They thrive in a variety of habitats, including tropical rainforests, dry forests, and even cultivated areas like plantations, often bringing them into close proximity with humans.

Fer de Lance


Terciopelos are primarily nocturnal, hunting and being most active during the night. They are known for their defensive temperament and will often stand their ground or strike if they feel threatened. This behavior, combined with their tendency to inhabit areas near human activity, contributes to their reputation for being involved in many snakebite incidents.

These snakes are generally solitary, except during mating periods. They rely heavily on their heat-sensing pit organs for hunting, allowing them to detect and accurately strike warm-blooded prey even in complete darkness.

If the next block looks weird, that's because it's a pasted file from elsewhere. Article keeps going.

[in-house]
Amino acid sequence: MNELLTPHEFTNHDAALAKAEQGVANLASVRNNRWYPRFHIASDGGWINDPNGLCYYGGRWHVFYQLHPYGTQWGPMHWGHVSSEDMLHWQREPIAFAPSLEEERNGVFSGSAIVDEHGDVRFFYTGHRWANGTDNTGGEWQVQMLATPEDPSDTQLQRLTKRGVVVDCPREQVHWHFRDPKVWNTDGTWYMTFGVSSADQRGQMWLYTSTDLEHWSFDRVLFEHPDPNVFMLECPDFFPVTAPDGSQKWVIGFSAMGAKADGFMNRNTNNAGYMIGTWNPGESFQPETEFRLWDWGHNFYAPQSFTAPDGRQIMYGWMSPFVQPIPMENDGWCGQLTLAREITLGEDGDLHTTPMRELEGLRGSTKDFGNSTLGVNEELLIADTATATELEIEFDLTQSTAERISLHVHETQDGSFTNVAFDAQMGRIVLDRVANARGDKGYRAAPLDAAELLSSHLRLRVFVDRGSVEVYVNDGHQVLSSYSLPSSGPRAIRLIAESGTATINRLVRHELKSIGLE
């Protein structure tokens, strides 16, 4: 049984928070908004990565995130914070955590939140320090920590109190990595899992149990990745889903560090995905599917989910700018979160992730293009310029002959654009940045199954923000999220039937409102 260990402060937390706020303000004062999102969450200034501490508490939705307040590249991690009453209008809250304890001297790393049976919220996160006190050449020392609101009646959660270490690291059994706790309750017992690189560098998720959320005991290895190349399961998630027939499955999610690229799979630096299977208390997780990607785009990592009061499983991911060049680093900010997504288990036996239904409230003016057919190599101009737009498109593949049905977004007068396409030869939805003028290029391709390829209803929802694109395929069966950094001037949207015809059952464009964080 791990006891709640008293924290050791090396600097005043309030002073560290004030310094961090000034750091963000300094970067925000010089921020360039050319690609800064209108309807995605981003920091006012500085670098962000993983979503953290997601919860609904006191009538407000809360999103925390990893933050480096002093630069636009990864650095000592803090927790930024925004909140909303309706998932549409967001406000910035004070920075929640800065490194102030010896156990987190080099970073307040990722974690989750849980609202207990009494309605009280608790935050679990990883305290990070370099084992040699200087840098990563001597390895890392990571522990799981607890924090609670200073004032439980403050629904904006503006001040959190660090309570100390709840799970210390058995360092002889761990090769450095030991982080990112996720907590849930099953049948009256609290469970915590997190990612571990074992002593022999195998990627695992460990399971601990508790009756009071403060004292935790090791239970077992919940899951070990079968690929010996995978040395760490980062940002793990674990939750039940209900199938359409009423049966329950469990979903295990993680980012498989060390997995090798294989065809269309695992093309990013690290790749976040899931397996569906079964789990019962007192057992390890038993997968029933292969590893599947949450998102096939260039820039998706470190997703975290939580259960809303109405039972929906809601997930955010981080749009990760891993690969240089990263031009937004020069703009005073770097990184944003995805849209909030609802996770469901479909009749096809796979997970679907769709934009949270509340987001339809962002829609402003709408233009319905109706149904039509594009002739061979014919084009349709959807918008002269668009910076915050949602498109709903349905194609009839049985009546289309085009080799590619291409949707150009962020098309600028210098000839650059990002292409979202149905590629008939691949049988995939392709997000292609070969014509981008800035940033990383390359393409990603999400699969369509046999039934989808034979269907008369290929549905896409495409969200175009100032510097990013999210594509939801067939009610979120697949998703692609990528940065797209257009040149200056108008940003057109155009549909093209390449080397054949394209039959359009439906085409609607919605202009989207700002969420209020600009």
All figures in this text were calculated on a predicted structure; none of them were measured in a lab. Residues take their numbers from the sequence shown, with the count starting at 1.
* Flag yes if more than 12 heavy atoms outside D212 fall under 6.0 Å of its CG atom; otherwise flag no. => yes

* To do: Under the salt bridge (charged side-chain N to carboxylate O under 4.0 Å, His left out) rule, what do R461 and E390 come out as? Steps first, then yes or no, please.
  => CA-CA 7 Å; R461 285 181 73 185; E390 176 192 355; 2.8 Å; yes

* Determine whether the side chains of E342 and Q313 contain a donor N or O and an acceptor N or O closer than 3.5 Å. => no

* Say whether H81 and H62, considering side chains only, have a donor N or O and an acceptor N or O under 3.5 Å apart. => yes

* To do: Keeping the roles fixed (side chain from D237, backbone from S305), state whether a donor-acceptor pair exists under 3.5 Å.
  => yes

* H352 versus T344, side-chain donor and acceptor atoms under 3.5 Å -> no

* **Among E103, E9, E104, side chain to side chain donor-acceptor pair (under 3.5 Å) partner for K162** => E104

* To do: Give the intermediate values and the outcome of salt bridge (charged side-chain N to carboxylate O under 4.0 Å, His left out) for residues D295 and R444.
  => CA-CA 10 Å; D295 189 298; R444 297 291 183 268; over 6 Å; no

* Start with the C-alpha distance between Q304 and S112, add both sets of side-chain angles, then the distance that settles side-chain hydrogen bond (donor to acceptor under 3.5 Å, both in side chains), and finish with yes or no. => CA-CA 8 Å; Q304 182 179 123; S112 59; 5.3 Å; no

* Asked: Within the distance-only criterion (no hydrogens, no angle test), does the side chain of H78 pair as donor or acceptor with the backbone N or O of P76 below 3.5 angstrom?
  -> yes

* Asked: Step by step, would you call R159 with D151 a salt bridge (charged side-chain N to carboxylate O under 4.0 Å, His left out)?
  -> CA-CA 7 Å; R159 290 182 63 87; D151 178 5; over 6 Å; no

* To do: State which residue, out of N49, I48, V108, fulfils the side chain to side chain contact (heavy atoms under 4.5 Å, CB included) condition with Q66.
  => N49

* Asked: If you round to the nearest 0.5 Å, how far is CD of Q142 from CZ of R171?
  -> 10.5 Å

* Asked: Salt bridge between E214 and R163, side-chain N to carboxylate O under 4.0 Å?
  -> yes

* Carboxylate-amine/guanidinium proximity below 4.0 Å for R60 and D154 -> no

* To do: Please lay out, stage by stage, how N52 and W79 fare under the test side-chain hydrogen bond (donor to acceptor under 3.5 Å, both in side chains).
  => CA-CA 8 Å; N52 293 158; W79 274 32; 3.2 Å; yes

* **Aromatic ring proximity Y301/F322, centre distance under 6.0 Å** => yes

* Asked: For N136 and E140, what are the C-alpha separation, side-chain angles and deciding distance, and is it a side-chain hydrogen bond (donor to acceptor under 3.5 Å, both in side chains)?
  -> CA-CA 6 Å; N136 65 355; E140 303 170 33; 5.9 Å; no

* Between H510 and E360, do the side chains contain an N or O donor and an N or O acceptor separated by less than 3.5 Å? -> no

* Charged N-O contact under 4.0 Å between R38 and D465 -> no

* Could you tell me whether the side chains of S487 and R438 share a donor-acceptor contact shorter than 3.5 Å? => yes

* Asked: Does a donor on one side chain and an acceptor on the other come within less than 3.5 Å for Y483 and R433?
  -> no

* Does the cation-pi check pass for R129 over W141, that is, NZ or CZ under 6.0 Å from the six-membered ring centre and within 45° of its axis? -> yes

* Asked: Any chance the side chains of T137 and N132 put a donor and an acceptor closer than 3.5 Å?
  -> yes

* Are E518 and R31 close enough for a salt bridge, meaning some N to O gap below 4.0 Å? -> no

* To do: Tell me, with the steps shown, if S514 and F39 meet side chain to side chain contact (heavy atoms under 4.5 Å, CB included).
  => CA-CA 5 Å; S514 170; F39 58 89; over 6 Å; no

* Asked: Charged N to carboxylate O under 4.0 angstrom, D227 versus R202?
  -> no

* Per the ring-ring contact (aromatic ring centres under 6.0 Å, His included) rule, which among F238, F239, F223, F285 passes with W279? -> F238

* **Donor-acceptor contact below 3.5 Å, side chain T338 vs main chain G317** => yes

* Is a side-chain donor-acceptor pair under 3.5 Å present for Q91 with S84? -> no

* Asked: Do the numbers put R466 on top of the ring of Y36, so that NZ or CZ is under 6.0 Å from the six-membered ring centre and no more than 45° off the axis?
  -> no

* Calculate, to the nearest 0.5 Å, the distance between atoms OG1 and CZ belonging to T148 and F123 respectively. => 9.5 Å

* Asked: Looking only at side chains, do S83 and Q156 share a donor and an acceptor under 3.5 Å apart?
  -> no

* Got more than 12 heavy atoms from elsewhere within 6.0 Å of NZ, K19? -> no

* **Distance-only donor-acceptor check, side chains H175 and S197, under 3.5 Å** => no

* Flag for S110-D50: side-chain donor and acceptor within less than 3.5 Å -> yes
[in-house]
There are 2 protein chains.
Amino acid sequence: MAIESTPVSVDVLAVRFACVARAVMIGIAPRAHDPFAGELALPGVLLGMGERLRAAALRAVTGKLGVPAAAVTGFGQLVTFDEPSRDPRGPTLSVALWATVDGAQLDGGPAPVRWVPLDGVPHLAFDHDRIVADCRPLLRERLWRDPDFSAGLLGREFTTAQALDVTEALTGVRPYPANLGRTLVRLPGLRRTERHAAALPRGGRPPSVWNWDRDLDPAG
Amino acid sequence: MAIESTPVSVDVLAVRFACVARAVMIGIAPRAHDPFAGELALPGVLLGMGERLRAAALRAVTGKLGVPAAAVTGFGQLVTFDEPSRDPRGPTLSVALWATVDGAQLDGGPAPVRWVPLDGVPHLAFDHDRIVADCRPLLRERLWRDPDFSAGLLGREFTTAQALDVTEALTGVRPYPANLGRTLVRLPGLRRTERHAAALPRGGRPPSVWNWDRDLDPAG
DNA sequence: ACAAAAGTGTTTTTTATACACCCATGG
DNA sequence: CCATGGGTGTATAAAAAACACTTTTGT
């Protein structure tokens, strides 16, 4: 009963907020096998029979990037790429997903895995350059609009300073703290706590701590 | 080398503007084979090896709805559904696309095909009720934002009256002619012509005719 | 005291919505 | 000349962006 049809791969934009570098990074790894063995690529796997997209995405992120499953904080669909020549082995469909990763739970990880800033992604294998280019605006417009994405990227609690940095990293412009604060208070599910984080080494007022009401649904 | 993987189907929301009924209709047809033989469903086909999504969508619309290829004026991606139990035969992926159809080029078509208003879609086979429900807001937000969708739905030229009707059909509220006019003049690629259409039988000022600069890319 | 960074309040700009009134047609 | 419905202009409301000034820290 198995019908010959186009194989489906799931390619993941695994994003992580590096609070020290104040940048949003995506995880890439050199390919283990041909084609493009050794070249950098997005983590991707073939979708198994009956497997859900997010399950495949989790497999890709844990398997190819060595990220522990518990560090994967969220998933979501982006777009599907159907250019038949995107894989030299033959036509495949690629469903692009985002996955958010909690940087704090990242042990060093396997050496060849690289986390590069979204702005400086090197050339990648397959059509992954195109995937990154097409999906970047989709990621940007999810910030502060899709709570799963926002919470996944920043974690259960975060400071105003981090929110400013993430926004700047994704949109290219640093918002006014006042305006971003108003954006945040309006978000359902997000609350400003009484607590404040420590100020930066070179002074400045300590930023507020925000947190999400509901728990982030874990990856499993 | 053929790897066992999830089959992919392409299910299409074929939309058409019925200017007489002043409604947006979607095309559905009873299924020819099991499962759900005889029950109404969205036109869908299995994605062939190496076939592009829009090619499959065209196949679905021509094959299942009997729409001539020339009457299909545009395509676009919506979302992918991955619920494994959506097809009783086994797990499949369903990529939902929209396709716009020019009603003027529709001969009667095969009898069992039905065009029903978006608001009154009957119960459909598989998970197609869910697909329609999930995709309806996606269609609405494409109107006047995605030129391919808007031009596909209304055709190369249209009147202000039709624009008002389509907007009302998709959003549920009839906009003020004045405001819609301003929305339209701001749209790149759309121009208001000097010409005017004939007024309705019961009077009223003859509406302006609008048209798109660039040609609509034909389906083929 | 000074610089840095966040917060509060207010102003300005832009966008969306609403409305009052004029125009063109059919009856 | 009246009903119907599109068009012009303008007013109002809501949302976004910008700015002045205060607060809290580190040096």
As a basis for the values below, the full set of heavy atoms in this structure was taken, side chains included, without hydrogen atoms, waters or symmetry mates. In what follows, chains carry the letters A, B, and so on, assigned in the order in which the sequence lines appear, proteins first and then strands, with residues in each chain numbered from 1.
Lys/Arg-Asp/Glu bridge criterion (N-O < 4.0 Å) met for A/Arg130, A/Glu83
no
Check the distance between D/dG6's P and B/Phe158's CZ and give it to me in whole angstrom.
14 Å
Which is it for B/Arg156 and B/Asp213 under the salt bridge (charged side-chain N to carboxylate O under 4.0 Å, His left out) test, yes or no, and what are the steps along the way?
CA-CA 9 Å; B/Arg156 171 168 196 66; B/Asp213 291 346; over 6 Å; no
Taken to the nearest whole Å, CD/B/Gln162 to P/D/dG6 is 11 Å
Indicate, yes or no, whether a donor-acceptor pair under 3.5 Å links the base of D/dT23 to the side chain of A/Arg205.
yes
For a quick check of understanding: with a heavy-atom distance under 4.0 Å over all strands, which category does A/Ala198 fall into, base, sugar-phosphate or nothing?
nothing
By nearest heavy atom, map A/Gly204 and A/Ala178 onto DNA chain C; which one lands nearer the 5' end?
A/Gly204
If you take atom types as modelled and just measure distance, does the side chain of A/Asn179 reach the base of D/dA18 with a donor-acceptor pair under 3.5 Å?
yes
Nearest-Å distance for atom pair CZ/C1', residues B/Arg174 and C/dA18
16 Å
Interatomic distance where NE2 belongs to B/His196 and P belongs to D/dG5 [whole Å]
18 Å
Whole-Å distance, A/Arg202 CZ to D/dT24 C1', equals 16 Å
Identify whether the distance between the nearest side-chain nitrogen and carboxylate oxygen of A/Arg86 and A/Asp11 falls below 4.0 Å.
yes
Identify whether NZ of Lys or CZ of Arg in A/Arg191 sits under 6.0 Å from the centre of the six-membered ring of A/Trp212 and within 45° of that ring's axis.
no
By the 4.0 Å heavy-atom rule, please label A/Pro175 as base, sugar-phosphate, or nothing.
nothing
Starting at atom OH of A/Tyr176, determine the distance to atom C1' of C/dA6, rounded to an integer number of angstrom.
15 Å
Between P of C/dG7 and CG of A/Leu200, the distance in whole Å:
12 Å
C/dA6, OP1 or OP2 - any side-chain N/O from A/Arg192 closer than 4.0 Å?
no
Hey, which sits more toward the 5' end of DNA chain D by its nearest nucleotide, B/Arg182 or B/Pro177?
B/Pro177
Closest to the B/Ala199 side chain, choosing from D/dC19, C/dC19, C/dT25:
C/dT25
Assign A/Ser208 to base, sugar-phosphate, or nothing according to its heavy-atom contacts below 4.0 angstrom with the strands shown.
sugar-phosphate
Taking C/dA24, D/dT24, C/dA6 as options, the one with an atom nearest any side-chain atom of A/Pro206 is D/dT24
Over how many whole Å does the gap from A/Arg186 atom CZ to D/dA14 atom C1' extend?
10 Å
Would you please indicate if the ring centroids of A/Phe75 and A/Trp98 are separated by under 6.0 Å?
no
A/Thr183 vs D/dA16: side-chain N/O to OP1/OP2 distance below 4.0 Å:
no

Communication in Terciopelos is not well documented but, like other snakes, they likely use pheromones for signaling during mating seasons and may exhibit body language as a form of defensive communication.

Diet and Feeding Behavior

The Terciopelo is a carnivorous predator, primarily feeding on small mammals like rodents, as well as birds, lizards, and amphibians. Their hunting strategy is characterized by ambushing prey, using their camouflage to remain hidden until a potential meal comes within striking distance. Their heat-sensing pit organs play a crucial role in detecting warm-blooded prey, even in low visibility conditions.

Once the prey is within range, the Terciopelo strikes quickly, injecting a potent hemotoxic venom that immobilizes and begins to digest the prey internally. The snake then locates and swallows its prey whole. The efficiency of their hunting technique makes them successful predators in their environments.


While adult Terciopelos have few natural predators due to their size, venom, and aggressive nature, they are at risk from larger predators when they are younger and smaller.